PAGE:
“That’s a pretty powerful sign of a form of inequality that is quite concerning for notions that Britain is a healthy functioning meritocracy. It shows that it pays to be privileged.

“My take is that [employers’ understanding of the class ceiling] is patchy but the agenda is coming and it’s growing,” says Friedman. “It’s very difficult [for an employer] to claim that they don’t know and they don’t care.”

So why is there a class pay gap? Unlike with gender pay gaps – where men are sometimes paid more than women for doing the same work. Class pay gaps are far more complicated and in fact do not necessarily occur at the point of entry into a job, instead this is an issue that relates more to progressing within an organisation.

Friedman says that there is no evidence that people from working class backgrounds are being paid less for doing exactly the same work. But there is evidence that suggests that people from privileged backgrounds are progressing further and/or faster, which is why they are earning more.

Testimony obtained through interviews with individuals in top professional roles also showed that, those from privileged backgrounds were more likely to negotiate higher salaries and use the threat to leave to push-up their earnings, than those from working class backgrounds.

This is a similar issue seen between men and women – where women are far less likely to ask for a pay rise than men, which leads to greater pay gaps. A poll of 1,200 workers carried out in April by CV-Library found that two out of three men were comfortable asking for higher pay, compared with just two in five women. Even when asking for money, the survey found that men were more likely to receive a higher pay rise than women.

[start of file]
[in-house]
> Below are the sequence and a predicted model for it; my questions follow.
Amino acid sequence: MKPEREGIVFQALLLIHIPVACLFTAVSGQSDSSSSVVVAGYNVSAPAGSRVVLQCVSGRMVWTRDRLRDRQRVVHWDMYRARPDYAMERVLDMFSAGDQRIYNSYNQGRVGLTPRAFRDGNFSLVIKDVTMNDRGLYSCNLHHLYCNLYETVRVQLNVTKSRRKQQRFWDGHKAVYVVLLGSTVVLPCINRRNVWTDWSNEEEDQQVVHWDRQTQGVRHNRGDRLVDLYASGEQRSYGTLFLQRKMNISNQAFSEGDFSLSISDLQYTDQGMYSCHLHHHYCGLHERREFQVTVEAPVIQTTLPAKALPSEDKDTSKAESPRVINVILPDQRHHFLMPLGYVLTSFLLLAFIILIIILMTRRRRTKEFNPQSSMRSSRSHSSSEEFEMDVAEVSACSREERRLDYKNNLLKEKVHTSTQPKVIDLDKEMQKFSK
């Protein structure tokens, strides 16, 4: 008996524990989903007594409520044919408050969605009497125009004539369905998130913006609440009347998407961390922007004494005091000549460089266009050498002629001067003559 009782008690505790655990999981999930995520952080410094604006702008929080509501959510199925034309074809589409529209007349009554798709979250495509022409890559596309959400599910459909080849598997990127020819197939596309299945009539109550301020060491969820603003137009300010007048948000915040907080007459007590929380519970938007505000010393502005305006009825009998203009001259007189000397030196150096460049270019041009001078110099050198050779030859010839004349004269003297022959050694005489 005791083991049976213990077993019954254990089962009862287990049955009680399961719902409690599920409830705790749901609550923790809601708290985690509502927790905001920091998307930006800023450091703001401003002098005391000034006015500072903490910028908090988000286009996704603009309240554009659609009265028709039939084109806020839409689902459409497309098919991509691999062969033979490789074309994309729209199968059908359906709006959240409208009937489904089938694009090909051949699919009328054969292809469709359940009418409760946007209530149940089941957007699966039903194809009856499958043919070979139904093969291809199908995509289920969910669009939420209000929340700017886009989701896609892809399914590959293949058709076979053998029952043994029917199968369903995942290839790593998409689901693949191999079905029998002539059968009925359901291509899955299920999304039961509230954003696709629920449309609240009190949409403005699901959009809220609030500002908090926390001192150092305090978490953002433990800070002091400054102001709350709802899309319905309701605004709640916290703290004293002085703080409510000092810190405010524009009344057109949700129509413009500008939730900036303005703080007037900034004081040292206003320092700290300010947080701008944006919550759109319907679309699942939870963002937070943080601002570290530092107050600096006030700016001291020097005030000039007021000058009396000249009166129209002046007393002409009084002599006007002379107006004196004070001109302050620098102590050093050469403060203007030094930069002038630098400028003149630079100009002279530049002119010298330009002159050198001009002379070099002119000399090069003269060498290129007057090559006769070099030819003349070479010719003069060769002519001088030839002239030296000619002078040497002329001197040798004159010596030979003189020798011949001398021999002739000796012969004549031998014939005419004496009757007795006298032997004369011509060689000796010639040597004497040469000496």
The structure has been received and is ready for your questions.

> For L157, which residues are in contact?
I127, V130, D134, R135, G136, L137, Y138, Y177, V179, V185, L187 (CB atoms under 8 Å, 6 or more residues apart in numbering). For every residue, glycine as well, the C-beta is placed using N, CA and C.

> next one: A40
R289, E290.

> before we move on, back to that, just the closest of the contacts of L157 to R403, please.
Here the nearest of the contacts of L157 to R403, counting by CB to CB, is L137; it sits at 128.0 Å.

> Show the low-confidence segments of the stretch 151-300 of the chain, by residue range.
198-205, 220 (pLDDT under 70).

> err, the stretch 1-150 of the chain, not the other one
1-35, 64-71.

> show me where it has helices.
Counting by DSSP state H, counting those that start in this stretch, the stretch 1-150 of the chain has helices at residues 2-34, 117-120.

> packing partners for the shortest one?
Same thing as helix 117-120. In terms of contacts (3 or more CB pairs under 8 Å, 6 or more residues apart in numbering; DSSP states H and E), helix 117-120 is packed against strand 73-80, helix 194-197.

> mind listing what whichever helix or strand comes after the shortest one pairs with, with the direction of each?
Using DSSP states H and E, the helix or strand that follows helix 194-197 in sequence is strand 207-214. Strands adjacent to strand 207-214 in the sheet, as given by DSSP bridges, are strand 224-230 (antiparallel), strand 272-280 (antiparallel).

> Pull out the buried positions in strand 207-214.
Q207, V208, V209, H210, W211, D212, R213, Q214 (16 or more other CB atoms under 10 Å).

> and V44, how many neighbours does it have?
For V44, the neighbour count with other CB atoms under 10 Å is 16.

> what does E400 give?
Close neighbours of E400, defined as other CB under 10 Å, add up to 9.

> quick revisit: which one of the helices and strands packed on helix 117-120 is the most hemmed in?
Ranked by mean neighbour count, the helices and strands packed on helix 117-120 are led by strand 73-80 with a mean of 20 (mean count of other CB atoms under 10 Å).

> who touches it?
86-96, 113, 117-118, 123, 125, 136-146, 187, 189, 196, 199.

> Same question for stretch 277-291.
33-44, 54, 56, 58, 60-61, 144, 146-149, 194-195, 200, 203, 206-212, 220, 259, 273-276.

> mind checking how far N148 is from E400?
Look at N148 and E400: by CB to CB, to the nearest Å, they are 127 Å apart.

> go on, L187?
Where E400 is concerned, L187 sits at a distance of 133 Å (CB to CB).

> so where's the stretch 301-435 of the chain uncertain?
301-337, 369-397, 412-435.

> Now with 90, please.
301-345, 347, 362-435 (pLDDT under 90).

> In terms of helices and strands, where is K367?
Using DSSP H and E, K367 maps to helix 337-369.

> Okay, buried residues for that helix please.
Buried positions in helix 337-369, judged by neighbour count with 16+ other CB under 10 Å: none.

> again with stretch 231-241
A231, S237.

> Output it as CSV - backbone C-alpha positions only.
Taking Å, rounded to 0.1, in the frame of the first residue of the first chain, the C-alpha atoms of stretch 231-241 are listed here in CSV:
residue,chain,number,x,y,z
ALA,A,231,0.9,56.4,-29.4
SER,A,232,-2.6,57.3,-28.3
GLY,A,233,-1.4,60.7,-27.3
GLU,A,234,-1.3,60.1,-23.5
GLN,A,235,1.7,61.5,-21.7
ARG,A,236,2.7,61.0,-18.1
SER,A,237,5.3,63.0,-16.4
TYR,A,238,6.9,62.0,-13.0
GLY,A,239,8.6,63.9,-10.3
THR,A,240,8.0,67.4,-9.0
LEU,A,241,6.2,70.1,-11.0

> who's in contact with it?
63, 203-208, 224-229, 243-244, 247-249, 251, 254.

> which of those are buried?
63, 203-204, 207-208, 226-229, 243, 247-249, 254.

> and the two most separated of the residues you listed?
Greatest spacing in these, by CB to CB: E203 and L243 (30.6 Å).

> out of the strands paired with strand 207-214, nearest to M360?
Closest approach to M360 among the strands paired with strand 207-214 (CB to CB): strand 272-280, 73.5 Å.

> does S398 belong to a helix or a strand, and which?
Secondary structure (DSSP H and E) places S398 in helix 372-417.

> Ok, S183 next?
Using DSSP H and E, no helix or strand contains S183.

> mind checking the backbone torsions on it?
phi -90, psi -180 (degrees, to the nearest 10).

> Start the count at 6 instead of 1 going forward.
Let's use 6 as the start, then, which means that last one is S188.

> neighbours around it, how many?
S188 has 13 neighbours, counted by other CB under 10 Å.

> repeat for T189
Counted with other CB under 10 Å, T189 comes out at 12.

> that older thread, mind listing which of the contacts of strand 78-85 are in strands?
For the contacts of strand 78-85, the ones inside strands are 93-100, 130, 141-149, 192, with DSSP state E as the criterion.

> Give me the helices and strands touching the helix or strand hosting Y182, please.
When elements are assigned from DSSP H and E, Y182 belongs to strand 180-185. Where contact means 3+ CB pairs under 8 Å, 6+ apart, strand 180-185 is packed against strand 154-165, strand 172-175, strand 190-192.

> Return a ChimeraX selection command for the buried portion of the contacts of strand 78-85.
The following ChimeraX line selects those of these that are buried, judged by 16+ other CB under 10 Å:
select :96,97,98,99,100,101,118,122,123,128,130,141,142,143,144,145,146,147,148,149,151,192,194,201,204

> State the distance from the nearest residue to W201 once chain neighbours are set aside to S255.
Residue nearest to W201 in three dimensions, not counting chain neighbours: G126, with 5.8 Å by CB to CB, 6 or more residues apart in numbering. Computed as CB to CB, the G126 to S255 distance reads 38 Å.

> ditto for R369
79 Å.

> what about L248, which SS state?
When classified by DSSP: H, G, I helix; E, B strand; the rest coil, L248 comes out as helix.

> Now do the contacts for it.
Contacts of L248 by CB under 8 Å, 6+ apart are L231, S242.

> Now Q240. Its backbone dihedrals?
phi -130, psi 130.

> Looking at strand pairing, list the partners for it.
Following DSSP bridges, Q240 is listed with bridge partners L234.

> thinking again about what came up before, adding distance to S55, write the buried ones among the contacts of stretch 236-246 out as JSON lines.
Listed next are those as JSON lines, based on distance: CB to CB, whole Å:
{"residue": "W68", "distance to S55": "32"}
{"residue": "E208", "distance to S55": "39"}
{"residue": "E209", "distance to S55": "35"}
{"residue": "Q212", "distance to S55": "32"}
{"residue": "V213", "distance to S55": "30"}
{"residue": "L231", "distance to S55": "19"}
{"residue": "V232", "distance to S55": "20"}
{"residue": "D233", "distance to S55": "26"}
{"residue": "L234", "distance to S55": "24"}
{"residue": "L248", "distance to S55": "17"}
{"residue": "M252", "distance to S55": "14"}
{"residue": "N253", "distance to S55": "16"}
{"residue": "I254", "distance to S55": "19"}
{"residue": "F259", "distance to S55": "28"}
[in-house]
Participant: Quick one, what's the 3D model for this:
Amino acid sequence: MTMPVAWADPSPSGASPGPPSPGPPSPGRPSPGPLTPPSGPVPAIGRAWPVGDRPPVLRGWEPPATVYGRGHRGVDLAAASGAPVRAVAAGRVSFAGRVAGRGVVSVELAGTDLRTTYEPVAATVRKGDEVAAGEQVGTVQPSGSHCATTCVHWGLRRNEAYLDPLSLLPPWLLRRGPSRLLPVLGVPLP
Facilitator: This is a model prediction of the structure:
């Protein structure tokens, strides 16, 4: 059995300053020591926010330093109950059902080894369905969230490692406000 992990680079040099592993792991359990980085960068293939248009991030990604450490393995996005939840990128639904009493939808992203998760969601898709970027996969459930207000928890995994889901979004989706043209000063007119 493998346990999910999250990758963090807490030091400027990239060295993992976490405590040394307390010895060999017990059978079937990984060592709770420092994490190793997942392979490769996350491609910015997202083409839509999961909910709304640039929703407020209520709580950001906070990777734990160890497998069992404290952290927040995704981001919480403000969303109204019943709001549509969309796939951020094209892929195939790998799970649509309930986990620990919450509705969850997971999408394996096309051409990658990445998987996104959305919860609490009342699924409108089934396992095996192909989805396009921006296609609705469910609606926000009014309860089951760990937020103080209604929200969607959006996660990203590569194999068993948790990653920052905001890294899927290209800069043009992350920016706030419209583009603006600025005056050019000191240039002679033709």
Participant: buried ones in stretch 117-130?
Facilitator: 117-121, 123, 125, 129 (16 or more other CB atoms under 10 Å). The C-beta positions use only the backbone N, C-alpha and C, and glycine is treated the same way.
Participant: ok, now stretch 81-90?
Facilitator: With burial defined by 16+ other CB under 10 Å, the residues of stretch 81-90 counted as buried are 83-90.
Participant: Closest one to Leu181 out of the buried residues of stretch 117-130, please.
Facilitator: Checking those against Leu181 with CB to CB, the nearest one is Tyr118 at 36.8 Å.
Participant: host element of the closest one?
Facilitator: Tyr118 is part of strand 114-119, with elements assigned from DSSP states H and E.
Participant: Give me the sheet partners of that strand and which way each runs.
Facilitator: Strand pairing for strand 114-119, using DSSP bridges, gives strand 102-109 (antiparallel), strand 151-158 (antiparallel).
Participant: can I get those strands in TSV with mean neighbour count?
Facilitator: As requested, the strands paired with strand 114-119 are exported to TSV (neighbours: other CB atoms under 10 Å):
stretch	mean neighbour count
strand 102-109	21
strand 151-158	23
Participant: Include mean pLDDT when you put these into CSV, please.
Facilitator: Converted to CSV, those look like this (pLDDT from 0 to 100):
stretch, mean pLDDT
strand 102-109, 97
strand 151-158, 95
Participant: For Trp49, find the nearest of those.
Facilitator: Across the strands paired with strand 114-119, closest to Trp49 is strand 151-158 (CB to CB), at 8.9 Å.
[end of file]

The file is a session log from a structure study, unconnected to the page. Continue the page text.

Friedman believes that the problem with pay progression is often down to less robust policies as people move up through an organisation.

“People in senior positions often have a tremendous amount of autonomy to essentially circumvent normal, and what are supposed to be, formal procedures around hiring and progression,” says Friedman. “And so that might be that they are able to advocate on behalf of somebody that they are potentially acting as a sponsor for.”

He gives the example of an accountancy firm which they looked at in their case study follow up work. Within the organisation there was a narrative about bringing through the next generation of partners, which involved a lot of behind the scenes advocacy. This is something that was beyond the control of HR and the usual formal controls that were in place.

“There is a role that HR has to play in tightening those procedures and making sure that hiring and particularly that progression, and progression at a senior level, is still controlled and formalised so that it’s fair.